It started with an idea: in 2020, Los Altos Hills resident Anand Ranganathan proposed a simple way to reduce his town’s greenhouse gas emissions. Flash forward to 2022, when the Santa Clara County Board of Supervisors approved an agreement June 28 allowing the Santa Clara County Central Fire Protection District to switch from using traditional to renewable diesel.
As a member of the Los Altos Hills Environmental Initiatives Committee, each year Ranganathan and his fellow committee members produce a greenhouse gas inventory, a list of all the sources of the emissions in Los Altos Hills. In 2020, the group was also working to develop a Climate Action Plan for the town when they found that more than a quarter of the town’s municipal emissions were coming from the diesel used by Los Altos Hills County Fire District equipment.
“One of the things I noticed is our trash collection had substantially reduced their footprint just by switching all of their trucks from regular diesel to renewable diesel,” Ranganathan told the Voice. “So we said, we should ask the fire department to switch to renewable diesel. That seems easy enough in theory, but in practice, it was unclear whether fire departments could switch right now, what kind of impact it could have on their equipment and all that. So I said I would take that on.”
Ranganathan began to research what it would take to make the switch. He learned that renewable diesel fuel is totally different from biodiesel, which is known to damage engines designed to take traditional diesel.
“Renewable diesel is chemically identical to diesel, except that it comes from organic sources, so it’s a closed loop,” Ranganathan said. “It’s still releasing carbon dioxide, but that carbon dioxide is reused to grow more organic material that can again be reused to make more diesel. So at least in that way, it’s carbon neutral.”
Through his research, Ranganathan also found that other major fire departments have switched to renewable diesel. Fire equipment can also switch back and forth between traditional and renewable diesel seamlessly, so if there was ever a shortage in renewable diesel, it wouldn’t cause an issue.
“It’s not like a one-way street where we switch all our equipment and now we’re stuck with this,” Ranganathan said. “So I talked to the Los Altos Hills County Fire Department and said, ‘Why aren’t you guys doing this?’ And they said, ‘We get all our equipment from the county, so you need to go talk to the county about that.’ That seemed like a much bigger deal than just talking to the local fire guys.”
Ranganathan realized he would need some support to get it done, so he wrote to Supervisor Joe Simitian, who represents Los Altos Hills. Simitian’s office helped connect Ranganathan with the right person in the county fire department.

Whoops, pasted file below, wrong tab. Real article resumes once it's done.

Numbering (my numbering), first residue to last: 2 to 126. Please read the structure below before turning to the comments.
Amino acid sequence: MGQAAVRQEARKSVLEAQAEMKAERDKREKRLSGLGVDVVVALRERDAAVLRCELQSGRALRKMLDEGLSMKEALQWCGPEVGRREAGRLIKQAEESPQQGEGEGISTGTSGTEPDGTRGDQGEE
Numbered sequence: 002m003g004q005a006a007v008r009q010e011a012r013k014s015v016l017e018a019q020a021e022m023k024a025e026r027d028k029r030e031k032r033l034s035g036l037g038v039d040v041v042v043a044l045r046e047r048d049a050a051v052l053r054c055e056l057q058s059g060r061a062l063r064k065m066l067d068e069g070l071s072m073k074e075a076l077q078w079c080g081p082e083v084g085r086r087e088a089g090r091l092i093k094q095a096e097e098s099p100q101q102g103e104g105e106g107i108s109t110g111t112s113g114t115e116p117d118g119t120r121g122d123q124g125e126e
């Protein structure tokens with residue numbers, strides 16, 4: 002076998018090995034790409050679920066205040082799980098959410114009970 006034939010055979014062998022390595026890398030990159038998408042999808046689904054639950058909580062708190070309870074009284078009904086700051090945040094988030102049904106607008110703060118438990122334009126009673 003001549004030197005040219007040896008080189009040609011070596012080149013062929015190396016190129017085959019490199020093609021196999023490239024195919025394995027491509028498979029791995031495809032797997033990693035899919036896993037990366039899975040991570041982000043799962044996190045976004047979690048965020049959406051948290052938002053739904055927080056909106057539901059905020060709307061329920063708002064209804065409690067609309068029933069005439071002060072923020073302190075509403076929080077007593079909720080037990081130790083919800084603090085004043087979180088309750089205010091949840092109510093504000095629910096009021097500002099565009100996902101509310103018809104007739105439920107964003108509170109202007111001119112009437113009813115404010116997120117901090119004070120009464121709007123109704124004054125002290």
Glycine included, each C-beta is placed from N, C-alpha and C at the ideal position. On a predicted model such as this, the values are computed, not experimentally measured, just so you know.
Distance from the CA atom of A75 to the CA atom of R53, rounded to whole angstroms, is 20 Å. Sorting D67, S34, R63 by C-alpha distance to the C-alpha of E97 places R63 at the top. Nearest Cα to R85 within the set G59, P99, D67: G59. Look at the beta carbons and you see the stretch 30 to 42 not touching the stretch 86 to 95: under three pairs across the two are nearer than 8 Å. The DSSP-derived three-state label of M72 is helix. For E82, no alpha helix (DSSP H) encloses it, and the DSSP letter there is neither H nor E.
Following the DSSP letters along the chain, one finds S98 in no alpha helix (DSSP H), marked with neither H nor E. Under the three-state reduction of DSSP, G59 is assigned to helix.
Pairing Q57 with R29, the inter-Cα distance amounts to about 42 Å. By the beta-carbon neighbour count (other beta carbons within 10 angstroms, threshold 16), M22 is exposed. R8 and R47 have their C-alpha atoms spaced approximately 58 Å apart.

“I went through a few back-and-forths with them,” Ranganathan said. “I pointed out how San Francisco’s (fire department) is using it, so they went off and did their own research and said, ‘Yeah, we’re going to switch it.’”
David Snow, director of support services for the Santa Clara County Fire Department, said it’s a simple switch that will have a big impact.
“A diesel engine does what’s called regeneration through a trapped filter system, so that we don’t put out as much carbon into the environment,” Snow explained. “In a fire truck’s world, you run short runs, (like) a medical call two blocks away. The engine’s going to want to go into regeneration a lot. With renewable diesel, it burns hotter, so there’s way less waste and byproduct it collects and accumulates, and has to be burned off.”
The key for a fire department, Snow said, is that chemically identical renewable diesel can be used interchangeably with traditional diesel. This is especially important when county fire apparatus are deployed throughout the state during fire season for mutual aid.
“Renewable diesel makes it possible to go back and forth between fuels as needed so that the response to locations with only conventional diesel poses no risk,” Snow said.
Ranganathan didn’t expect his proposal to become a reality so fast.
“I’m glad that we were able to make change,” he said. “I wasn’t particularly hopeful that this change would come so quickly, and I’m pleased that it did.”
Supervisor Simitian said Ranganathan’s efforts are a testament to the impact that citizens can have on their communities.
“I’m grateful to Mr. Ranganathan for pointing out the obvious,” Simitian said in a statement. “Engaged constituents make our communities stronger. It would be foolish not to be receptive to good ideas from our residents. They care. They’re engaged. And they’re well-informed.”